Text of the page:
Logistics: To go straight to Durango, take U.S. 285 southwest to Monte Vista and then head west on U.S. 160. Mesa Verde is a 1½-hour drive from Durango, heading west on U.S. 160. For Telluride, take I–70 to Grand Junction and go south on U.S. 50 to Montrose; continue south on CO–550 to Ridgway, then turn right onto CO–62. Follow this to CO–145 and turn left. Follow the signs into Telluride. Telluride and Durango also have regional airports with limited service from major carriers.
Guard against the effects of altitude. Drink lots of water, slather on the sunscreen, and watch your alcohol intake. And pace yourself, especially when hiking or engaging in other outdoor pursuits.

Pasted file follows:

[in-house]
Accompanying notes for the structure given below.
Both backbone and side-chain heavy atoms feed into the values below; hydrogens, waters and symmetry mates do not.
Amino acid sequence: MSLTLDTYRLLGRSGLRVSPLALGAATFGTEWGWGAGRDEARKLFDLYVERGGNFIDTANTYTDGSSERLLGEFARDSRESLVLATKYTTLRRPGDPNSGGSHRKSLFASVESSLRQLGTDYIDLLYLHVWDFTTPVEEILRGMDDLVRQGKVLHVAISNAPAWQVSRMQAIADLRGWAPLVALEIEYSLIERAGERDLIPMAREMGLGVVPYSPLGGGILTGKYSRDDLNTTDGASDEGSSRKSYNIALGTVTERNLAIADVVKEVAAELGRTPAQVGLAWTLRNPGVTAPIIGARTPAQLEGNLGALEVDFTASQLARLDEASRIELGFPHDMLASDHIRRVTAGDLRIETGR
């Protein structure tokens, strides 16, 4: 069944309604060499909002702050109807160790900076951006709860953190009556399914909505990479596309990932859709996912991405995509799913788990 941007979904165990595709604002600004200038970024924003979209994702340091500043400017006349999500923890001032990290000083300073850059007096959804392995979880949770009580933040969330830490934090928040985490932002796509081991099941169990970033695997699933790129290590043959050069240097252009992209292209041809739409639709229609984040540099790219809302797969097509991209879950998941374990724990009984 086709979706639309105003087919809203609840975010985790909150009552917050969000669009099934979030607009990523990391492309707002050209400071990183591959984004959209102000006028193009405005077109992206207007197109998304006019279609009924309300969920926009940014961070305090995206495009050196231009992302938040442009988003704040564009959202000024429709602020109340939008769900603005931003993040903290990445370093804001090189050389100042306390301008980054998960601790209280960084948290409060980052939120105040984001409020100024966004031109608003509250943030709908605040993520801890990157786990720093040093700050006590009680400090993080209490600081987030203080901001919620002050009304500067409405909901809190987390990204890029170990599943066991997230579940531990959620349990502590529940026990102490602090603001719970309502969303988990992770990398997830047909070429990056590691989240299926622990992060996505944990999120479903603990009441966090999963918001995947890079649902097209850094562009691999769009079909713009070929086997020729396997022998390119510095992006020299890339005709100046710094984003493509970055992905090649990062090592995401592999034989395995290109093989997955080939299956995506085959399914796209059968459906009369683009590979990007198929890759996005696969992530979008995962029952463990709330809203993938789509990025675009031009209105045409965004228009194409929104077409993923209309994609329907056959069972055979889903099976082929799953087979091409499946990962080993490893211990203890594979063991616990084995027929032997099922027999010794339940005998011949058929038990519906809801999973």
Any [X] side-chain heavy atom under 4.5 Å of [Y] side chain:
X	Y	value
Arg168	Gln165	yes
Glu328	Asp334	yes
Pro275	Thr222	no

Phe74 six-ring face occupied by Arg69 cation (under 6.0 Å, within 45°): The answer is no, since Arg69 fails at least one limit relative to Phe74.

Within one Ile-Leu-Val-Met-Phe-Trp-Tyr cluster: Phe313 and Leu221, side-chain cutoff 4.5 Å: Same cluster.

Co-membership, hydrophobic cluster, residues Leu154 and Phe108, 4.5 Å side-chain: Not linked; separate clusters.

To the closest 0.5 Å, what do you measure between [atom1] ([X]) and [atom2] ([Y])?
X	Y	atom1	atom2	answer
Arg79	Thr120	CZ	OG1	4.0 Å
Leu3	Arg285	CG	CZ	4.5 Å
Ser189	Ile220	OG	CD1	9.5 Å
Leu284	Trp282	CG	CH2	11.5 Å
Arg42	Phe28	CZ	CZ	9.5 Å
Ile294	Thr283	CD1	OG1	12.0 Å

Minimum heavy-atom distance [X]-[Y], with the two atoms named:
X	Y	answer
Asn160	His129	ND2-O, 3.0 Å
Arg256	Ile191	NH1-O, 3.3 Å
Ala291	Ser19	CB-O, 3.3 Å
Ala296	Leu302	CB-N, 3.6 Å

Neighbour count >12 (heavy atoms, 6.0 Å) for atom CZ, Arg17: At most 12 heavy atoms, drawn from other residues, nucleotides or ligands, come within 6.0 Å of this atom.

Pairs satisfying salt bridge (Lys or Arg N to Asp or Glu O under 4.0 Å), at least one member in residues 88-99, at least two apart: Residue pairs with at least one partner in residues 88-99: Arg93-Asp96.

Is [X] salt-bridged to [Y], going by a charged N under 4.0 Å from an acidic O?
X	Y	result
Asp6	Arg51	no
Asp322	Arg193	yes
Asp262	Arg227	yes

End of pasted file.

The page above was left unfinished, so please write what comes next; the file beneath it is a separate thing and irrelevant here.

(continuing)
Pack a lunch for your day in Rocky Mountain National Park. You'll have your pick of jaw-droppingly gorgeous spots for a picnic.
For the night in Aspen, consider reserving a room down-valley in Basalt or Carbondale if the rates in Aspen proper look too steep.
Denver and Aspen are the places to splurge on meals.
If you have a morning flight, consider staying the final night in Denver.